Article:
Back-to-School season applies to adult group too

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Volunteers on Diocesan School Board work to maintain Catholic identity in schools

Besides parents, teachers and other campus staff, it’s also back-to-school time for another group of adults: the Diocesan School Board.

Members of the Diocesan School Board pose in this fall 2015 file photo. Three new members joined this year to fill seats vacated by expiring terms. The advisory board supports the superintendent in promotions and fundraising. (courtesy photo)
Members of the Diocesan School Board pose in this fall 2015 file photo. Three new members joined this year to fill seats vacated by expiring terms. The advisory board supports the superintendent in promotions and fundraising. (courtesy photo)

The group of 17 men and women from throughout the Diocese of Phoenix officially kick off their new school year when monthly meetings resume Aug. 24. Homework assignments are sure to follow.

The task: advise and support the superintendent in matters of Catholic identity, marketing, strategic planning, legislative issues and fundraising. Each member also plays a key role in supporting local school boards, especially through the in-service held each fall, and personal networking with the diocese’s 28 elementary and five high school campuses.

Many Diocesan School Board members seek a three-year term following a stint serving local school boards. David Roney, who has spent five years on the school board at St. Thomas the Apostle, is entering his freshman year on the Diocesan School Board. His said it’s important to have parents partner with school leaders to ensure environments remain authentically Catholic. Academics alone provide an incomplete education, he said.

“If we haven’t prepared kids for a relationship with Christ, and set them on the road to an eternity with Him, we haven’t really succeeded at all,” Roney said. “A relationship with Christ and His Church is the most important gift a parent can give a child.”

Andy Stramiello, also a newcomer, joined after discerning a new volunteer role in the Church. He highly values a quality education and sees Catholic education as offering a solid balance of academics, faith and citizenship.

“Setting the right goals and ideals for the children are what I see needs to be supported and help to grow,” Stramiello said. He hopes to serve on the board’s financial committee and network with legislators to ensure current school choice legislation remains.

Expanding the opportunity for new students to enroll is also a top concern. That means filling empty seats and building new classrooms, especially the forthcoming St. John Paul II High School in Avondale.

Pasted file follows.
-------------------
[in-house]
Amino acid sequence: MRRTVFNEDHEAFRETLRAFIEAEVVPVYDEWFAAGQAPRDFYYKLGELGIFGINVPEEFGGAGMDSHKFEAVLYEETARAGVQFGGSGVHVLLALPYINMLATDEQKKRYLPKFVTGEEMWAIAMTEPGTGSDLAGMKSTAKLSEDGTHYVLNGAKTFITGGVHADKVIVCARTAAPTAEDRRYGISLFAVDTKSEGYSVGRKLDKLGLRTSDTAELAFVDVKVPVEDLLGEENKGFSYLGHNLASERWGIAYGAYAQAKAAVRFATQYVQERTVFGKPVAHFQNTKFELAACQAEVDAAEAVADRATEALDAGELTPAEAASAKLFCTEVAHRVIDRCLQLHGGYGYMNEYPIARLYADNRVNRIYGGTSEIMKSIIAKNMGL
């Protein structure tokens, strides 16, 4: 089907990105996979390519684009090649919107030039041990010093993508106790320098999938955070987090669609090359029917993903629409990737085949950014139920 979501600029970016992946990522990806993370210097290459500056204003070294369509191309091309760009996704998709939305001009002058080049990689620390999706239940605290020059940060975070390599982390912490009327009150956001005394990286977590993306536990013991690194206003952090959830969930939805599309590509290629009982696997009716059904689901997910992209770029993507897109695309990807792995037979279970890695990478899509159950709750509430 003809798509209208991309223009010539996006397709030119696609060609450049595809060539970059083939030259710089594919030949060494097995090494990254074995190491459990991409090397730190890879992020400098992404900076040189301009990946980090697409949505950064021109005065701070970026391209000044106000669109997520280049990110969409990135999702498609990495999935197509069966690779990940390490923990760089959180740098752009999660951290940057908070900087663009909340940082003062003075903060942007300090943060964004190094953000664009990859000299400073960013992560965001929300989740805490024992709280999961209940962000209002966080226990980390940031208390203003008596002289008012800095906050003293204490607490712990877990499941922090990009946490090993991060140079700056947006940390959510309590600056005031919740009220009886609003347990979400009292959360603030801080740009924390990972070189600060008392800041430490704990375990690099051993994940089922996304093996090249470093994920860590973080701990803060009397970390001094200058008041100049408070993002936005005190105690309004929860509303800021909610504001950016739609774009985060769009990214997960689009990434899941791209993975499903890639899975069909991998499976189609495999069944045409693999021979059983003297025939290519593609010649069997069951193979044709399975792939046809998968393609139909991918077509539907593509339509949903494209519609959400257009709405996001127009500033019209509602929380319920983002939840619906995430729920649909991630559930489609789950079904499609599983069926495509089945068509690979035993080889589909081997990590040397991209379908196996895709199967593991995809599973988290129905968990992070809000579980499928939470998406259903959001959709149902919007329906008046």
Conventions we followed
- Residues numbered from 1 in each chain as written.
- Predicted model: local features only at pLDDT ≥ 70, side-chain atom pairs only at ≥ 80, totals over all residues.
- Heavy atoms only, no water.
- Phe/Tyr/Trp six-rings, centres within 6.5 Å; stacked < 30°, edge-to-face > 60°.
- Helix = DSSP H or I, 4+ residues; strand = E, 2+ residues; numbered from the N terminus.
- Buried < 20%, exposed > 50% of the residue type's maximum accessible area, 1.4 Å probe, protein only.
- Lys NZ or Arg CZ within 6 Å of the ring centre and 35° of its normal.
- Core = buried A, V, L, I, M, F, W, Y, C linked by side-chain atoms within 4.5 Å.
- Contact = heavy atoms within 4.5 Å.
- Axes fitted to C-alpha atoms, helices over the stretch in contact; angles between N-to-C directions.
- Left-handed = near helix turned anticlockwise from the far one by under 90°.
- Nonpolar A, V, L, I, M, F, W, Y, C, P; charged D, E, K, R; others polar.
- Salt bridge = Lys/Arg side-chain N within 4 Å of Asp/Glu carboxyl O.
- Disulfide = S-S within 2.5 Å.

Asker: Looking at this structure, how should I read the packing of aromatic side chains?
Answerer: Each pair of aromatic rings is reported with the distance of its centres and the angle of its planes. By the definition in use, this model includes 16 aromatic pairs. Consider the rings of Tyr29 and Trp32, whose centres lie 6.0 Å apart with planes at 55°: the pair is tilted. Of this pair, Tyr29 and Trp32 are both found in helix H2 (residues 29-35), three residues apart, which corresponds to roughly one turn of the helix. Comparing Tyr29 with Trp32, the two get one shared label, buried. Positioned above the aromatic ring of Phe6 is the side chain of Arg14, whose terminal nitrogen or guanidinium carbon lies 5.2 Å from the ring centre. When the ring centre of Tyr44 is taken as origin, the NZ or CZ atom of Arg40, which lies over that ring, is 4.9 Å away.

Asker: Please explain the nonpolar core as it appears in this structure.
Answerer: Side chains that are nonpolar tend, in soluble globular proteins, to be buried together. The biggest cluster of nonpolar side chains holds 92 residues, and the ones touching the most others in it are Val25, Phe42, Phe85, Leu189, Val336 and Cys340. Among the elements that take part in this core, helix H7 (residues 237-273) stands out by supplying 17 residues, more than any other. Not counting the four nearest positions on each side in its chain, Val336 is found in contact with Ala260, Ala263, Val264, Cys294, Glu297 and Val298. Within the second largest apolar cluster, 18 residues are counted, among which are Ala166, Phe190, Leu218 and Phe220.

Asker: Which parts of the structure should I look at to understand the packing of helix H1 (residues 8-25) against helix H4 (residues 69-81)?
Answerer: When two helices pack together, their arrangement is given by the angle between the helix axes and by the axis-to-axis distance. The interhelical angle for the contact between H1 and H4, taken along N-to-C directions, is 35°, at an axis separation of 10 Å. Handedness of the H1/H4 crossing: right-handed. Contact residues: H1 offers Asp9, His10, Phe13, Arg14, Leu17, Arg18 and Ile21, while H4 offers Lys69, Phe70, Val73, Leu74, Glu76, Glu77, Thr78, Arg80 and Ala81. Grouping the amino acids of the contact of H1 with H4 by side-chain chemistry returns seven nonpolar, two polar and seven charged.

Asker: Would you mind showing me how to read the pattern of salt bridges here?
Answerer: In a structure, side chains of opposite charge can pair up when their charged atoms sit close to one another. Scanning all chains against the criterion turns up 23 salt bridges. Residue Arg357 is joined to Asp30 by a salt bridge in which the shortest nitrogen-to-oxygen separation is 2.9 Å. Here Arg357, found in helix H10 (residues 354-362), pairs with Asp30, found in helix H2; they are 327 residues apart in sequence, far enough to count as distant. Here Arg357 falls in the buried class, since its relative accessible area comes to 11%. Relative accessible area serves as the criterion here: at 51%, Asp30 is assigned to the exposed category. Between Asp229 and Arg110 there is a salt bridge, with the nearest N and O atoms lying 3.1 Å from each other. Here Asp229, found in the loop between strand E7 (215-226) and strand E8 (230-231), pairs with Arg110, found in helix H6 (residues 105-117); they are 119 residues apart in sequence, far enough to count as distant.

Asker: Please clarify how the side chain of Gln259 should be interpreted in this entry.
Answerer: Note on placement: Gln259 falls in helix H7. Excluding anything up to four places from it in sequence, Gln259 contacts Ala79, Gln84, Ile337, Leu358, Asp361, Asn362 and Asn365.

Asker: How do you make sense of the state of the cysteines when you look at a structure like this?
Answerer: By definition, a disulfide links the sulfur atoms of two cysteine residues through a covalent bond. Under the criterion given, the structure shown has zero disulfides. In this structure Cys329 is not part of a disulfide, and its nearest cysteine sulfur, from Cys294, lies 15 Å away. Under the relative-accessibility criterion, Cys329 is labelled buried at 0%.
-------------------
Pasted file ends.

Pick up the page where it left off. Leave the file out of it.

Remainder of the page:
A new committee is underway to support exceptional learners too. Jeff Glenn, incoming board president, expressed excitement for improving their educational experience. He cited inclusiveness and support for each student as a child of God, independent of background, as one strength of local Catholic schools.

“It is through the eyes of faith that I judge each child is supported in order for them to recognize and fully utilize the gifts and talents they have received,” Glenn said.

His middle son chose to enroll in a Catholic school as a means of beginning discernment for the priesthood, but Glenn stressed its value for everyone, since it forms the whole child.

“I judge that all students benefit from the faith-based atmosphere that helps quiet the noise of the secular world,”

“I judge that all students benefit from the faith-based atmosphere that helps quiet the noise of the secular world,” Glenn said. “They can build mutually supportive relationships with other students and their community through service and charitable camaraderie.”

The Diocesan School Board proved itself charitable. The National Catholic Education Association presented Phoenix’s board with the “Lead. Learn. Proclaim.” award at its latest convention. Efforts throughout the year included Night of Hope, Catholic Schools Week activities, service projects and a pamphlet for families on the importance of Mass.

Kristen Cole, who is entering her sixth and final year on the board, called local Catholic schools faith-filed, close-knit, welcoming communities that care about one another and their community.

“It is such a joy to hear their stories, see and feel their love for their school community and to hear about their contributions to the community,” Cole said.

She immersed herself in the St. John XXIII and Notre Dame Preparatory communities in Scottsdale while her children were there. Now, Cole supports Catholic education on a broader level through the Diocesan School Board.

“It has become one of my ministries,” Cole said.

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